The topic of whether CEOs should take a salary hike or not has been a subject of debate among industry experts. Critics of CEO salary hikes contend that in certain instances, leaders receive hefty pay raises despite their companies' underperformance or financial challenges, while other employees face layoffs or salary reductions. Conversely, supporters of salary hikes argue that exceptional leaders ought to be compensated for their abilities, knowledge, and input towards their organisations' triumph.
Mr Prasenjit Bhattachraya, Founder and Director of Great Place to Work®, India, believes that if all employees in the organisation are receiving a salary hike, then the CEO can consider taking one as well. However, if only the leader is receiving a salary hike, they should not take it.
"CEOs should take salary hikes if everyone else is getting it in their organisation. If not, no. They always have the option of having a larger profit share at the end of the year if the company does well by year-end. Salary hikes for the CEO when people in their organisation are losing jobs is perverse. Why would any self-respecting CEO do it? Leaders, we all know, eat last,” he said.
Similarly, Mr Anil Agarwal, Co-Founder and CEO of InCruiter (IaaS), feel that leaders should be willing to go beyond their own salary or hike and provide their employees with additional support.
“Leaders must remain empathetic and strive to save their greatest asset – employees, rather than making rash decisions like layoffs. Honestly, it is that point of time when leaders must give back to their employees for all the hard work and loyalty they have demonstrated since they joined the organisation. And to ensure this, leaders should even go to the extent of sacrificing their salary or hike and offer them additional support, be it financially or emotionally,” said Agarwal.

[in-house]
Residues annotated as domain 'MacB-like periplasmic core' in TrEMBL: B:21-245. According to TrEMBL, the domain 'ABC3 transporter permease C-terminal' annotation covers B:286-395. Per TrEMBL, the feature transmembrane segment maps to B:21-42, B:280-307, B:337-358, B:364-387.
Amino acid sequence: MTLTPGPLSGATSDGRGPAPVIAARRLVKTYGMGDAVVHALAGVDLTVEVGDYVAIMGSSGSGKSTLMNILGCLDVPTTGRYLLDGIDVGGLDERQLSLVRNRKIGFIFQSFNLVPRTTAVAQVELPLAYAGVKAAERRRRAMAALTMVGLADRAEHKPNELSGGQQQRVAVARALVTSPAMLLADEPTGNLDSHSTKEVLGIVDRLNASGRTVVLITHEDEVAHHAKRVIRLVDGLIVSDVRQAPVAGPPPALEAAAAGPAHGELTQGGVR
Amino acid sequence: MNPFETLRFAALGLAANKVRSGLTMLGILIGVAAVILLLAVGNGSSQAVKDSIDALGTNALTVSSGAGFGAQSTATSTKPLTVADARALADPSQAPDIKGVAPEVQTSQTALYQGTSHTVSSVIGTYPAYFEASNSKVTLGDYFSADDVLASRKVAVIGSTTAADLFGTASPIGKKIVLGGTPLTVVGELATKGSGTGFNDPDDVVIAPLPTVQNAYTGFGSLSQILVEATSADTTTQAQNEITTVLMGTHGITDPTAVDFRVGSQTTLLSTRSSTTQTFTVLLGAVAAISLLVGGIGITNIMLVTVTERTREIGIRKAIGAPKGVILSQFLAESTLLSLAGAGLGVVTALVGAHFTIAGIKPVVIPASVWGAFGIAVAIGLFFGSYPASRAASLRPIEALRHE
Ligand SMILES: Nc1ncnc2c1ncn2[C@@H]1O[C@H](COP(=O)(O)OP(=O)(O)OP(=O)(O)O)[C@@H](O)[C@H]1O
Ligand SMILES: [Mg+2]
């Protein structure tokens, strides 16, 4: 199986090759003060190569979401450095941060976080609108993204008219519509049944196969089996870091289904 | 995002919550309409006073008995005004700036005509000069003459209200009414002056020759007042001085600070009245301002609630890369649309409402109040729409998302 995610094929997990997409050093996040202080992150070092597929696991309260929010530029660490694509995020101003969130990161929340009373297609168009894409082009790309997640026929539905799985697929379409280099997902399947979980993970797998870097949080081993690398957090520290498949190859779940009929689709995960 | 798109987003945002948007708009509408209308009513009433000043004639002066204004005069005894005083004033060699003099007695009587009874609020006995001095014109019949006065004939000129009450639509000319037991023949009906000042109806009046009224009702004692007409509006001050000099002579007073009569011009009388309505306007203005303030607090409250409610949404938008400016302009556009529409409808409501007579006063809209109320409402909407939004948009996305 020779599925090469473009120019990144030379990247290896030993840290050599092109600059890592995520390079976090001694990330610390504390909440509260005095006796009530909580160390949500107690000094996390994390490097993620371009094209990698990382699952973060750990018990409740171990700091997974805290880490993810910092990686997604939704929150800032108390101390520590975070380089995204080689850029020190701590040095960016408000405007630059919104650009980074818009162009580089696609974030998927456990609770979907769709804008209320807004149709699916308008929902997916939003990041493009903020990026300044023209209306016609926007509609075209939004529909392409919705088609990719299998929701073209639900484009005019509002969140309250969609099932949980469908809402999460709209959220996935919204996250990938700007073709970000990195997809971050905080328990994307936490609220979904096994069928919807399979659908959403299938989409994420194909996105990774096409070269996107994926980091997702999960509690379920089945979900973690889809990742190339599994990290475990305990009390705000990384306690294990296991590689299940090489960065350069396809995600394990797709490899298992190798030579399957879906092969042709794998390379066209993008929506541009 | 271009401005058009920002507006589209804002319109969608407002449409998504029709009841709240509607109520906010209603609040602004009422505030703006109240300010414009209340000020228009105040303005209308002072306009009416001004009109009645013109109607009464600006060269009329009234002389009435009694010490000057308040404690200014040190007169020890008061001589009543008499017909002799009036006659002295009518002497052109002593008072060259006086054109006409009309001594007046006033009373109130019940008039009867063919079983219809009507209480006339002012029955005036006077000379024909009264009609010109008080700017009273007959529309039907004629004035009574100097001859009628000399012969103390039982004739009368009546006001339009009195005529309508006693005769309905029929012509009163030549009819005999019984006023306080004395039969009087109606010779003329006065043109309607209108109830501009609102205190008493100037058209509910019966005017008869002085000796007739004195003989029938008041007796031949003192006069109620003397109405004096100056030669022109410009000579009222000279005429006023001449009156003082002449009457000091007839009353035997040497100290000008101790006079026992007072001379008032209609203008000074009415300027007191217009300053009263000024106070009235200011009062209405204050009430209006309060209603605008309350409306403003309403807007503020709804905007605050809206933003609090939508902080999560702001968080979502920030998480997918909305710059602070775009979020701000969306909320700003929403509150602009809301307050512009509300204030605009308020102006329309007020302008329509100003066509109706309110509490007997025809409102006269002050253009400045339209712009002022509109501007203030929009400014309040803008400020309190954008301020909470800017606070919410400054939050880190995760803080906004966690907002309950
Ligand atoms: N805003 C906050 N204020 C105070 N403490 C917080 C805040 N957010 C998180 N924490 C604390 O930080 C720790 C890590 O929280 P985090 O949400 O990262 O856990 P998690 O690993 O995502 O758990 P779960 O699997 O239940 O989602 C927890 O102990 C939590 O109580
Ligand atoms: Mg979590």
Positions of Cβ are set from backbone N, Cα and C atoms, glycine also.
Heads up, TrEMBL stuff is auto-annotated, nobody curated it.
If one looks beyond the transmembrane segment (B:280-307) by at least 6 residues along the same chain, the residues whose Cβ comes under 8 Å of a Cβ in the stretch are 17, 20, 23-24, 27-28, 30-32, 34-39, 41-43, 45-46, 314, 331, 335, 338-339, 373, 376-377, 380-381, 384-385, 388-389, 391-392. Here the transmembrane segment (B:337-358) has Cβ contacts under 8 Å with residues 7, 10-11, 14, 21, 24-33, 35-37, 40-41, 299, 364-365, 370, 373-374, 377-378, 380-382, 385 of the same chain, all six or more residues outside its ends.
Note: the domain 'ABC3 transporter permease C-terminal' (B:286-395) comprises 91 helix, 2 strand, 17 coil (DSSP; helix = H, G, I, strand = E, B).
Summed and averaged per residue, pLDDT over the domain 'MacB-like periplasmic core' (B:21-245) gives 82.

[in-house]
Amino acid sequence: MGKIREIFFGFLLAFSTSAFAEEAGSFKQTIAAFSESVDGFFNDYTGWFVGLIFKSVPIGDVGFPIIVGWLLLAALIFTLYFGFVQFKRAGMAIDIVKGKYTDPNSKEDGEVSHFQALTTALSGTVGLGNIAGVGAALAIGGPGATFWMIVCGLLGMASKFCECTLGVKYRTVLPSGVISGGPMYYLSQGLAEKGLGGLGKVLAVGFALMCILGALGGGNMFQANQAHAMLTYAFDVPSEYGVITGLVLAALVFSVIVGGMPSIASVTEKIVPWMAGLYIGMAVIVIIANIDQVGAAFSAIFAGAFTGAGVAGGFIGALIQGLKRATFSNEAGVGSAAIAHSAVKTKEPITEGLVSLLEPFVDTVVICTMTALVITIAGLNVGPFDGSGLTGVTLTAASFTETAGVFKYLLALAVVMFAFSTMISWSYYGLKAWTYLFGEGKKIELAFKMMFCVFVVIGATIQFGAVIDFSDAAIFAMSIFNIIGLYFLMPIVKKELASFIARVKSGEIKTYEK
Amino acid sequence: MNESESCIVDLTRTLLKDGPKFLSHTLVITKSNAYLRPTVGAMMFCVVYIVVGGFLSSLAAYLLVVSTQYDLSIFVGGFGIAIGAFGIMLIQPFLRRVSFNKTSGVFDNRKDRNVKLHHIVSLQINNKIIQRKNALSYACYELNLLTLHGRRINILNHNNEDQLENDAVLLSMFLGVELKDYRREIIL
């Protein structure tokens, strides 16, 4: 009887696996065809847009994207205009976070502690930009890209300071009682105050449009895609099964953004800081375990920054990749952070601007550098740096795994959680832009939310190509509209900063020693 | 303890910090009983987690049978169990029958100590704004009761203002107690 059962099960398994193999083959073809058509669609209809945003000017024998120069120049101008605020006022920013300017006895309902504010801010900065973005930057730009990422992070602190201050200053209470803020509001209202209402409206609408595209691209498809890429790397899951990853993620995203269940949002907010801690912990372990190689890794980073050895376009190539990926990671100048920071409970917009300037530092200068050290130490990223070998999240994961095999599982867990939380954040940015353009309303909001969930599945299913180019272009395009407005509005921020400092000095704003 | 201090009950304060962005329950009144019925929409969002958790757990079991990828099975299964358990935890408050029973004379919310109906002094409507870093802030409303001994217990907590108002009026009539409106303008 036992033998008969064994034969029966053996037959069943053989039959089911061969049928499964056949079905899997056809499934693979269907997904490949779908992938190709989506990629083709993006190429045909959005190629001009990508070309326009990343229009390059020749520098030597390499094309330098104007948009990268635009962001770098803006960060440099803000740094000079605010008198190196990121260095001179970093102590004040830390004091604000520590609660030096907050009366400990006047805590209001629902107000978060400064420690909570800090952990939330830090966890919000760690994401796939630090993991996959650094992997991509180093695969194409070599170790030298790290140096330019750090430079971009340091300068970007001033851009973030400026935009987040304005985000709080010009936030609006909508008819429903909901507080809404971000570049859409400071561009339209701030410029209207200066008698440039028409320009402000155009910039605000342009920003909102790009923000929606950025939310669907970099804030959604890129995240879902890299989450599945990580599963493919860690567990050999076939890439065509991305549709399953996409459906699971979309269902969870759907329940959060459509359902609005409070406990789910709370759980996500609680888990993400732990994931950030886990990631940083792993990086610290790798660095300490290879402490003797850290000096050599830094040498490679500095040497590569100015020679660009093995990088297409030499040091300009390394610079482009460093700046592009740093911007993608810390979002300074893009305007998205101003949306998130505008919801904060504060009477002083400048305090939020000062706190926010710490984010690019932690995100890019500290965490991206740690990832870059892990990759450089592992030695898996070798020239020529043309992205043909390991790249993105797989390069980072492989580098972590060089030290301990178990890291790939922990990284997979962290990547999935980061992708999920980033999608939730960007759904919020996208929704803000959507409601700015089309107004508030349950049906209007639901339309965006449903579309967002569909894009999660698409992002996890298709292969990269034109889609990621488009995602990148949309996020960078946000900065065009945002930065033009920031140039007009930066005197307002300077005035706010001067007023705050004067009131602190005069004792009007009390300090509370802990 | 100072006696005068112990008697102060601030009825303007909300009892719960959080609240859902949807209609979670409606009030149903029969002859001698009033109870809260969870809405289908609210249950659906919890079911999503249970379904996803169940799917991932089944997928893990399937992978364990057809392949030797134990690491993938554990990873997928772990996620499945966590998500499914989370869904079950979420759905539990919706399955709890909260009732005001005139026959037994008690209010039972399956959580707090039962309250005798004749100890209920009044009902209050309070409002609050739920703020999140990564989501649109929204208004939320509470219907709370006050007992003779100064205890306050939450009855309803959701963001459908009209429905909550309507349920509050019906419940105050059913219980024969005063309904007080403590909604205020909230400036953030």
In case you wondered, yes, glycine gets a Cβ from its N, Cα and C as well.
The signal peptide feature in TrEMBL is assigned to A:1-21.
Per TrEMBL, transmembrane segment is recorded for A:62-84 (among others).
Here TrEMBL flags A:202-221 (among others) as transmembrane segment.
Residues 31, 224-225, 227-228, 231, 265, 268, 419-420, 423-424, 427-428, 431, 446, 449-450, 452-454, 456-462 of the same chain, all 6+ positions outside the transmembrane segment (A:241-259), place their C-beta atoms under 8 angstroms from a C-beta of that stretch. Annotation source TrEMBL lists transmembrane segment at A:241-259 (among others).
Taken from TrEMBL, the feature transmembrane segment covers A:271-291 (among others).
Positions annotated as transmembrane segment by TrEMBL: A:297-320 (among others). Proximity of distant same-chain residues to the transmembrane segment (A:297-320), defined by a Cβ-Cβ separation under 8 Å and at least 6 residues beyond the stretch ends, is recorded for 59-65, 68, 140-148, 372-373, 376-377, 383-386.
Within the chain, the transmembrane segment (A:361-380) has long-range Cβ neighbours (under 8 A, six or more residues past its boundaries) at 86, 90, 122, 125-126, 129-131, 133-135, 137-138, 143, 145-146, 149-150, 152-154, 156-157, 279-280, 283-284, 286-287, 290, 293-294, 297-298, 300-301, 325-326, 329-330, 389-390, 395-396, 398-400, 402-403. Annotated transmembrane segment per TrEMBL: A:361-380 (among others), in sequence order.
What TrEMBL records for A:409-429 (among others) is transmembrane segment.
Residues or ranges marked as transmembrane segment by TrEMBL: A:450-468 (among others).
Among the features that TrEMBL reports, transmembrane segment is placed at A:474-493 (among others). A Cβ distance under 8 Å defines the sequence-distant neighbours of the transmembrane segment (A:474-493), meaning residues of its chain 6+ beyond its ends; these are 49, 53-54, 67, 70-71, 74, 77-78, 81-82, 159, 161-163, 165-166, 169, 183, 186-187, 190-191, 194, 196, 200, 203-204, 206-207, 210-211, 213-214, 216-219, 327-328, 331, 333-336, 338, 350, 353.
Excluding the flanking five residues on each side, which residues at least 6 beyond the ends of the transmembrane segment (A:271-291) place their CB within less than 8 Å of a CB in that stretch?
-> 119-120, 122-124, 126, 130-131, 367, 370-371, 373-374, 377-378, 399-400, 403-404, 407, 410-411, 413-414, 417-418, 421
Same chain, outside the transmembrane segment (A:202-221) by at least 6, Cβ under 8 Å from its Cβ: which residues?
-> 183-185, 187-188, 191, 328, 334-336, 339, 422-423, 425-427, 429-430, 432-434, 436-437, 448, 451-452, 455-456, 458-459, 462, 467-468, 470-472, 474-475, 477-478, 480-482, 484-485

On the other hand, Prashant Gupta, Founder and CEO of Caerus3 Advisors and Think-Tank, stressed that layoffs are a crucial component of a firm’s redesign and reorganisation for future growth and that running an organisation with a smaller workforce and higher productivity poses a challenge for management. Therefore, one should not impede a leader from seeking higher hikes or bonuses.
“The job of a CEO involves people management, strategy, and more importantly the ability to take and minimise organisational risk. Hiring and layoffs are two sides of the same coin - the organisation and both are cyclical in nature. Layoffs are part of organisational design, and part of reorganisation for the future. This in no way should impact a CEO or the CXO demanding higher hikes or bonuses. Remember to run an organisation with a lower headcount and higher productivity is a challenge for the management for which they should be awarded,” explained Gupta.
Despite supply chain disruptions, inflation, and layoffs, companies such as HSBC, Wipro, Infosys, and Citigroup have raised salaries for top executives, while cutting jobs and wages for workers. The AFL-CIO's recent study on executive pay revealed a record-high ratio between CEO and worker wages, with CEOs earning 324 times the median worker's pay in 2021. The average S&P 500 CEO earned $18.3 million, while real wages fell by 2.4%.